Qubits made from strontium and calcium ions

Qubits made from strontium and calcium ions

Researchers at MIT Lincoln Laboratory have turned to a promising ion traps pair candidate for qubits: ions of calcium (Ca) and strontium (Sr).

The team has described using these ions to perform quantum logic operations and found them to be favorable for multiple quantum computing architectures. Among their advantages, these ions can be manipulated by using visible and infrared light, as opposed to ultraviolet, which is needed by many types of ions being used in experiments. Unlike for ultraviolet light, technology that would be able to deliver visible and infrared light to a large array of trapped ions already exists.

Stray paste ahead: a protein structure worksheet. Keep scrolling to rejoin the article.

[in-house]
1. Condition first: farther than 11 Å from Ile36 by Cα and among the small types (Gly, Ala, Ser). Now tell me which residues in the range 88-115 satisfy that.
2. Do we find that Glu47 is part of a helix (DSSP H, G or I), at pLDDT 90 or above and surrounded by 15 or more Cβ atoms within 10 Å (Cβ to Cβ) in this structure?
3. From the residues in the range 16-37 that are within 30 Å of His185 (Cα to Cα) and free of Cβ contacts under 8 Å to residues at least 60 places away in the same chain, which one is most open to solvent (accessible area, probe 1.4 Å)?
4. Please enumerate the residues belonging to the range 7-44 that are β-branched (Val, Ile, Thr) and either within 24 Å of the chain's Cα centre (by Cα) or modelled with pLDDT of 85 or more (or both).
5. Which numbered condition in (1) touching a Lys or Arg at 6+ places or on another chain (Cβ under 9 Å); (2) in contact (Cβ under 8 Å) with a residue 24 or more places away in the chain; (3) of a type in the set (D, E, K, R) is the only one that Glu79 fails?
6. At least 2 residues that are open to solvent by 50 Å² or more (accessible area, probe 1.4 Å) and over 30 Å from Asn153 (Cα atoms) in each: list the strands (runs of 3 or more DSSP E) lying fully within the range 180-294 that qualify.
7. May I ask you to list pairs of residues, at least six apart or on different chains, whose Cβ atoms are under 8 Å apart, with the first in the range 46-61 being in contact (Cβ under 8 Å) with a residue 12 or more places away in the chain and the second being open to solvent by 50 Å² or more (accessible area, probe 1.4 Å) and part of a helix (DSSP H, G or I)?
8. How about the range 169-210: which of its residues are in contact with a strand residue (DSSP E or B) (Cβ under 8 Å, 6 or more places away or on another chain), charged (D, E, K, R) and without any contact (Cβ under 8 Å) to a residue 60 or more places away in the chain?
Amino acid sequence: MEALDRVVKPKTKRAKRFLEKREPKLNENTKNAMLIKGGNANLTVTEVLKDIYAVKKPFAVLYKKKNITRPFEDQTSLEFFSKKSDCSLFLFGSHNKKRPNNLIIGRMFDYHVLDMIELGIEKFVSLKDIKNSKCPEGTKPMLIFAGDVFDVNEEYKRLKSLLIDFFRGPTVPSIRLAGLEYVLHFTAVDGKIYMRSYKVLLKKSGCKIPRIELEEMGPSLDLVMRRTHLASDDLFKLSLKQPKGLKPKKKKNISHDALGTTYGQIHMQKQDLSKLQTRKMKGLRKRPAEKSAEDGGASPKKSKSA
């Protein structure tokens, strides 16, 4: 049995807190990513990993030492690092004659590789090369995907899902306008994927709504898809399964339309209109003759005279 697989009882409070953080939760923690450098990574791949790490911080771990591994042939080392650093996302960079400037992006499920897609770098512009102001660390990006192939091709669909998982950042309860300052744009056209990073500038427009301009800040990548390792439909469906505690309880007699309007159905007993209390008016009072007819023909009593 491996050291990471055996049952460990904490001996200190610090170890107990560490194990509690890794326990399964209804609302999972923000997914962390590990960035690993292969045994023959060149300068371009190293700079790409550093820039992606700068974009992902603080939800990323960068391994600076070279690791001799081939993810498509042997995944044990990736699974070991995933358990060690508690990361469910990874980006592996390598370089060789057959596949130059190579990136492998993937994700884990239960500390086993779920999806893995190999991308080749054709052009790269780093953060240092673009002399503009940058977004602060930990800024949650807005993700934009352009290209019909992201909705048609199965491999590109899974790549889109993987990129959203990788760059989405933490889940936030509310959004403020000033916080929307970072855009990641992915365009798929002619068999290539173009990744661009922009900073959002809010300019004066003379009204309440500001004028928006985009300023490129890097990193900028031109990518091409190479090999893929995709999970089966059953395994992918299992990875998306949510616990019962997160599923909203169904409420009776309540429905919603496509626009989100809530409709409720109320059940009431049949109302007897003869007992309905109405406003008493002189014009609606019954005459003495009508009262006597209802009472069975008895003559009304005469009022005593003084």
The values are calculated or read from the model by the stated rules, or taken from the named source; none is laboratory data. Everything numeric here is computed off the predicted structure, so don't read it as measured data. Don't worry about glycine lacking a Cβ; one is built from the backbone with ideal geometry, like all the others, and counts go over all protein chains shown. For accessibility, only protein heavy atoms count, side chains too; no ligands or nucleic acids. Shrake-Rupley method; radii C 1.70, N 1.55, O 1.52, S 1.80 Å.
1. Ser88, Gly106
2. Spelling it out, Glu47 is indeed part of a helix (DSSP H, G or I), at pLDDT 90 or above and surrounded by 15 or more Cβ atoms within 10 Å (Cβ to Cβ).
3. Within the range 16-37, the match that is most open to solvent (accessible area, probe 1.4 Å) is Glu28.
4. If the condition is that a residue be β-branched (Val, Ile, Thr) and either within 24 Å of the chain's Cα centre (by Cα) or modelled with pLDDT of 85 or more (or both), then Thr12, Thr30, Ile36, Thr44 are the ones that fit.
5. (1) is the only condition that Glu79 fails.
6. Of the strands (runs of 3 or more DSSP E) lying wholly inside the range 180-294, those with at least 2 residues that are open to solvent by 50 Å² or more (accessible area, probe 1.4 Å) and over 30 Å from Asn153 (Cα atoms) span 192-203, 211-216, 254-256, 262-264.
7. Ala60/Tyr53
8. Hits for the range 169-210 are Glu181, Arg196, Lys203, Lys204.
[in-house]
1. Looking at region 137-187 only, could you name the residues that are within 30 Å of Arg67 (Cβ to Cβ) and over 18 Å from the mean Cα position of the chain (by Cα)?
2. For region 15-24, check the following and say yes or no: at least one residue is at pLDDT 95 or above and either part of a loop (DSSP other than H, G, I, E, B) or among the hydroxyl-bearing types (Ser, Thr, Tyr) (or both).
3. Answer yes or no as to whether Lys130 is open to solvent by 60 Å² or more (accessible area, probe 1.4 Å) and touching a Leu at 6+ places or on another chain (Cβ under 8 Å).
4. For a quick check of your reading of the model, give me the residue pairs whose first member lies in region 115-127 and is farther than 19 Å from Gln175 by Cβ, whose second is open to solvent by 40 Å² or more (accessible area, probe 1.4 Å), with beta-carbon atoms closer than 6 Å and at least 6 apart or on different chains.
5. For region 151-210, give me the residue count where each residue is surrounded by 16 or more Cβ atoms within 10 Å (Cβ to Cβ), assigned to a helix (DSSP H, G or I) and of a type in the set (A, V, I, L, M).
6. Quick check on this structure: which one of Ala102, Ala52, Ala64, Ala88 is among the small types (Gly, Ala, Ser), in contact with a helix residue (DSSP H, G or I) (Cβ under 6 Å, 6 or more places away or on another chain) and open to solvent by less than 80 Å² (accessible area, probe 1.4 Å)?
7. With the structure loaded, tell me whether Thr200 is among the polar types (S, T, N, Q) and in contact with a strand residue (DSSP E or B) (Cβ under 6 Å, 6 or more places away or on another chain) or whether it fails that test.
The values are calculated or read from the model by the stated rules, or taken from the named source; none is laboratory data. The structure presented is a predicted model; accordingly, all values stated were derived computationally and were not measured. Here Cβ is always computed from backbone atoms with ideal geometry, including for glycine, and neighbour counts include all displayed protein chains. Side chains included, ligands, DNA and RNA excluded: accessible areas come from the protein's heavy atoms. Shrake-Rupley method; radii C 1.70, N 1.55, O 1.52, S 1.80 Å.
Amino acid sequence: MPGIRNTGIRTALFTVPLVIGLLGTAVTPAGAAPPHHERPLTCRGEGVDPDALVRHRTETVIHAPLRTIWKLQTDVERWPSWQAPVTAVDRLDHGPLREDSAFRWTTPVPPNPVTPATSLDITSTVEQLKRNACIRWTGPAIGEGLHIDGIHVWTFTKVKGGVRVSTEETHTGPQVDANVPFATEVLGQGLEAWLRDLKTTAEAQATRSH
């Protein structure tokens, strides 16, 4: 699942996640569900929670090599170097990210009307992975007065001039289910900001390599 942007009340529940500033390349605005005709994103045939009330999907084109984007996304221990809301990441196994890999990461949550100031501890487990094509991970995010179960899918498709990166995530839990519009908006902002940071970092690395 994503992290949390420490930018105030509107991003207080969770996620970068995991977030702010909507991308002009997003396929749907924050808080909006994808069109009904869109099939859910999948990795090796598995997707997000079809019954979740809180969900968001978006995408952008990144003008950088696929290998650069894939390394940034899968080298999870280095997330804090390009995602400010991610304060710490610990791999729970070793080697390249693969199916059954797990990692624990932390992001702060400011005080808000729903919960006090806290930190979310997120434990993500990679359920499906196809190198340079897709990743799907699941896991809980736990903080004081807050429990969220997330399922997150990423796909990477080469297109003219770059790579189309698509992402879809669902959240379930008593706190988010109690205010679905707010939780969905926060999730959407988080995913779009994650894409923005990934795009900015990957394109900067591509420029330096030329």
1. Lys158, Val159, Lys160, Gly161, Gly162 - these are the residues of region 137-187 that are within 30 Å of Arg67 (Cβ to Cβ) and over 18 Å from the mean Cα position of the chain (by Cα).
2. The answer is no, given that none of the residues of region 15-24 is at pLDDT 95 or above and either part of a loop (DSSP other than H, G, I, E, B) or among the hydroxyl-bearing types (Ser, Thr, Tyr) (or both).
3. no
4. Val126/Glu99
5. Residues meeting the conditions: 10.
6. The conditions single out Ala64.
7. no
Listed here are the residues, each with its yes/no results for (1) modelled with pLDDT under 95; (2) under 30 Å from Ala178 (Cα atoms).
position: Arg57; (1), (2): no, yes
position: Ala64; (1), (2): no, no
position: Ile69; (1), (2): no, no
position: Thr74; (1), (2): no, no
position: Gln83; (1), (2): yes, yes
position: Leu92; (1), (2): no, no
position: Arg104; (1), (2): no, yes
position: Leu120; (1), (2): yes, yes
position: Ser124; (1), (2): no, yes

The fidelity of the Ca+/Sr+ entanglement in their experiment was 94 percent. Fidelity is the probability that the gate between the two qubits produced the quantum state it was expected to. This system’s fidelity is high enough to demonstrate the basic quantum logic functionality, but not yet high enough for a fully error-corrected quantum computer. The team also entangled ions in different configurations, such as the two ions on the ends of a Sr+/Ca+/Sr+ string, with similar fidelity.

The paper has published in npj Quantum Information.

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